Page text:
The date of the order (July 10, 2018) was made several days in advance of the Board of Governors decree (July 16, 2018). It is not clear if the draw down was made earlier than approval was provided for the USD Mop-Up Exercise.

Kroll’s analysis of information provided by the CBL identified that LRD banknotes totaling LRD 2.3 billion (USD 15.0 million) were purchased for the USD Mop-Up Exercise between July 2018 and October 2018.

Kroll was informed by the CBL that the remaining USD 5.0 million was put into circulation as part of normal banking operations, and not retained for continuance of the USD Mop-Up Exercise.

According to a CBL Board of Governors decree dated July 16, 2018, the purchased LRD banknotes should have been sorted and “sterilized” by the CBL prior to recirculation for a minimum period of one year.8 Instead, LRD banknotes totaling LRD 1.2 billion (USD 7.8 million) of the total banknotes removed from circulation as part of the USD Mop-Up Exercise have subsequently been reintroduced back into circulation within six months. The CBL has not provided Kroll with evidence that the Board of Governors had authorized the banknotes to be reintroduced back into circulation before the period of one year had elapsed.

Kroll revealed further: “The approach taken by the CBL to implement the USD Mop-Up Exercise, whereby small teams of bank personnel directly purchased LRD banknotes from local businesses and foreign exchange bureaus in exchange for USD notes, created an enhanced level of risk with respect to: i) potential misappropriation of banknotes, ii) potential opportunities for money laundering and iii) potential execution of transactions with illegal businesses. Consequently, there is a risk that significant funds were unaccounted for by the CBL, and Kroll therefore recommends that this matter merits further understanding.”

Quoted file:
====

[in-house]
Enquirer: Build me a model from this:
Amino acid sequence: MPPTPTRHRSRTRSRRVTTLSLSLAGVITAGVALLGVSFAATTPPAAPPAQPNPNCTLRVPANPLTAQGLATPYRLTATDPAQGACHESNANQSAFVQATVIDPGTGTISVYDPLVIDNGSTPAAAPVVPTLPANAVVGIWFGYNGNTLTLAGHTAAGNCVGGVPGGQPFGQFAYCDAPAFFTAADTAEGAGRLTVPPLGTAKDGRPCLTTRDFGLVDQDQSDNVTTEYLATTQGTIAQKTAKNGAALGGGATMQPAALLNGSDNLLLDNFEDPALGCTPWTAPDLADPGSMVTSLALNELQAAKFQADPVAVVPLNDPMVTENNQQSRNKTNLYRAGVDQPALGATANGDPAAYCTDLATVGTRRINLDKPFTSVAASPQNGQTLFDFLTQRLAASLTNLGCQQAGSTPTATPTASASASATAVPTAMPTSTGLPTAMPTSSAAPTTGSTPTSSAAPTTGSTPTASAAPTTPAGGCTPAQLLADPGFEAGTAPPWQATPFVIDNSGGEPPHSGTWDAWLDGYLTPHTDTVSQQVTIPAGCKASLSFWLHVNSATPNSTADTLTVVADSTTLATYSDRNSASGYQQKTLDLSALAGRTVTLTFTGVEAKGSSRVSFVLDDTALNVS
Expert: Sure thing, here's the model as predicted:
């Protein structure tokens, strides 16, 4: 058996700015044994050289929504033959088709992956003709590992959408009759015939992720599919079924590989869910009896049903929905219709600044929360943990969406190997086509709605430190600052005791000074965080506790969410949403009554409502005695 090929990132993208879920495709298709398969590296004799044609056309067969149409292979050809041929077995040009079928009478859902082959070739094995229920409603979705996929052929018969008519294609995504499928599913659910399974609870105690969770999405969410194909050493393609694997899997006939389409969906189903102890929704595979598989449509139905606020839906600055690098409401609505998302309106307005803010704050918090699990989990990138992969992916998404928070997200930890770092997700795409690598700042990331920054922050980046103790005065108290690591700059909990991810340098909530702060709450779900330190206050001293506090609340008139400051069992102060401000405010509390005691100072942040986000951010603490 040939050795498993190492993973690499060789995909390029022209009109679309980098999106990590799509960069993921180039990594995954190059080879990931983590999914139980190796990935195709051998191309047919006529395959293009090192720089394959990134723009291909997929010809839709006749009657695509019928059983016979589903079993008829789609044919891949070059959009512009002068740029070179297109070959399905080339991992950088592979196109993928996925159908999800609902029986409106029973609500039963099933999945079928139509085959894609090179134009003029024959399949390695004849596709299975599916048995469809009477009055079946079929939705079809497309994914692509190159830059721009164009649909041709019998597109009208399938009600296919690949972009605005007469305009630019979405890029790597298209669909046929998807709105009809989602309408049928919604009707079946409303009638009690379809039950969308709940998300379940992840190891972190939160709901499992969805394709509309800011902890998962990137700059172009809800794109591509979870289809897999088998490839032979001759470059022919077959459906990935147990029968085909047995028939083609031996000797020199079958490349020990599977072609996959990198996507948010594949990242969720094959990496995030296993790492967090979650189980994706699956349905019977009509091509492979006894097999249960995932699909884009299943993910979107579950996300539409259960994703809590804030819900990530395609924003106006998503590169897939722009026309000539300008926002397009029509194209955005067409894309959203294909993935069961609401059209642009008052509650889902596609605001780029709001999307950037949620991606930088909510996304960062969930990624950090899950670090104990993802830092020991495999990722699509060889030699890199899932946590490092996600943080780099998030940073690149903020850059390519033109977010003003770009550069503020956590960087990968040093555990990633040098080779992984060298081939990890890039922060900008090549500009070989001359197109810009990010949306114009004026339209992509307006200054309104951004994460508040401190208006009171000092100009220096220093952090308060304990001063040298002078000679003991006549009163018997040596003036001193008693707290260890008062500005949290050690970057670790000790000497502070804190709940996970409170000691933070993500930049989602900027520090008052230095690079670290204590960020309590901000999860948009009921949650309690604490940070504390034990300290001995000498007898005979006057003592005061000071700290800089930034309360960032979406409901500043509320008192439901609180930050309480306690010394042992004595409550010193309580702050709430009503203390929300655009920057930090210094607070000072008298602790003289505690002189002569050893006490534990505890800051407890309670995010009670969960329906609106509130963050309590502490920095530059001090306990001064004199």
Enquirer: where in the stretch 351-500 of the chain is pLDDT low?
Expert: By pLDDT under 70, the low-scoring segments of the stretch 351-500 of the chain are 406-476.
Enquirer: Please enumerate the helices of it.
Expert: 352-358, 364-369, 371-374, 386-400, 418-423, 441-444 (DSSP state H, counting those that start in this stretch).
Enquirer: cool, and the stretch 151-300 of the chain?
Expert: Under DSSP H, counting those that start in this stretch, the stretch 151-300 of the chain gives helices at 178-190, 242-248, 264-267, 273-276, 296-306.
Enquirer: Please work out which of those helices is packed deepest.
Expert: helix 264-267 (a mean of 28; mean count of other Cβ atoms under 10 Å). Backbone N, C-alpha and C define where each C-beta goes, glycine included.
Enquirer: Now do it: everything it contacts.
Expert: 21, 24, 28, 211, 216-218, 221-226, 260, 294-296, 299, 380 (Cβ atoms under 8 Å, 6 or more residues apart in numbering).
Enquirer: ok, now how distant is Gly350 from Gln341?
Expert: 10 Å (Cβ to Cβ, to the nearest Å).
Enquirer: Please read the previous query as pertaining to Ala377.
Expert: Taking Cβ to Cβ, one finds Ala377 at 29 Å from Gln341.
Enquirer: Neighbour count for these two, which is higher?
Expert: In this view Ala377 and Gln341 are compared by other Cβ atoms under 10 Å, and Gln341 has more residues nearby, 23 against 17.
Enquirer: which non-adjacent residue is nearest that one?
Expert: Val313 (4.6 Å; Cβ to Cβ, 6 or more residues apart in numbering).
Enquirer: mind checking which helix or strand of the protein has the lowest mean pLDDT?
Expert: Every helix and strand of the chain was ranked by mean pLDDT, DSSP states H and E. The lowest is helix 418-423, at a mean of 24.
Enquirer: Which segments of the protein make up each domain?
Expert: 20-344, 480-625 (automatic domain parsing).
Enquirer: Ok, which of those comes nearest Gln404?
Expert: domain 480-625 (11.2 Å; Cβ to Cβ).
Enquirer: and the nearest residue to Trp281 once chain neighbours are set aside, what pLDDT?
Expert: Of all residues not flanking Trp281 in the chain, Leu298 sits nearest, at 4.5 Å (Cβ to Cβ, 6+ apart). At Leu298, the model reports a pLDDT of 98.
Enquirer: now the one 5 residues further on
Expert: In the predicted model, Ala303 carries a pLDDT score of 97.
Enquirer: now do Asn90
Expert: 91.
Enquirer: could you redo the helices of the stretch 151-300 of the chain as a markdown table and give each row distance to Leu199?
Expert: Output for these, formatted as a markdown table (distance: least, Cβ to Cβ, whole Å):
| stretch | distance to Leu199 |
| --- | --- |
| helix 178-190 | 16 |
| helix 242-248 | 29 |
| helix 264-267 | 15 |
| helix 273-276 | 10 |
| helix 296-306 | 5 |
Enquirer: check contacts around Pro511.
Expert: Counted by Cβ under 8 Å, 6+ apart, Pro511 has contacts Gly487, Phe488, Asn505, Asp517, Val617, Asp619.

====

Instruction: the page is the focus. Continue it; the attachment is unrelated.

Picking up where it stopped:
Kroll’s analysis-Vs-PIT-TC Recommendation

As the PIT-TC, the Liberian Government probe team calls for halt of the Mop-Up exercise, the Kroll& Associate’s analysis of information provided by the CBL identified that LRD banknotes totaling LRD 2.3 billion (USD 15.0 million) were purchased for the USD Mop-Up Exercise between July 2018 and October 2018.

Kroll was informed by the CBL that the remaining USD 5.0 million was put into circulation as part of normal banking operations, and not retained for continuance of the USD Mop-Up Exercise. According to a CBL Board of Governors decree dated July 16, 2018, the purchased LRD banknotes should have been sorted and “sterilized” by the CBL prior to recirculation for a minimum period of one year.

Instead, Liberian dollar banknotes totaling LRD 1.2 billion (USD 7.8 million) of the total banknotes removed from circulation as part of the USD Mop-Up Exercise have subsequently been reintroduced back into circulation within six months. The CBL has not provided Kroll with evidence that the Board of Governors had authorized the banknotes to be reintroduced back into circulation before the period of one year had elapsed.

The approach taken by the CBL to implement the USD Mop-Up Exercise, whereby small teams of bank personnel directly purchased Liberian dollar banknotes from local businesses and foreign exchange bureaus in exchange for USD notes created an enhanced level of risk with respect to for purposes.

These purposes include potential misappropriation of banknotes, potential opportunities for money laundering and potential execution of transactions with illegal businesses. Consequently, there is a risk that significant funds were unaccounted for by the CBL, and Kroll therefore recommends that this matter merits further understanding.

It is not clear whether President Weah would muster the final course to implement recommendations from the investigations, particularly as it relates to the US$25m which he ordered himself and handled by his trusted men.

Some pundits have been talking about the impossibility of doing so as requested by the investigative because for two reasons—first that the process is still ongoing in the face of the continued depreciation of the Liberia dollar against the US Dollar and second because the involved with the process are pretty seated in the kitchen cabinet of the President.

There are some analysts who have however warned against shield ‘sacred cows” in his attempt to bring logical conclusion to the money saga because it could undermine is fight against corruption and raise public dissent against his young government.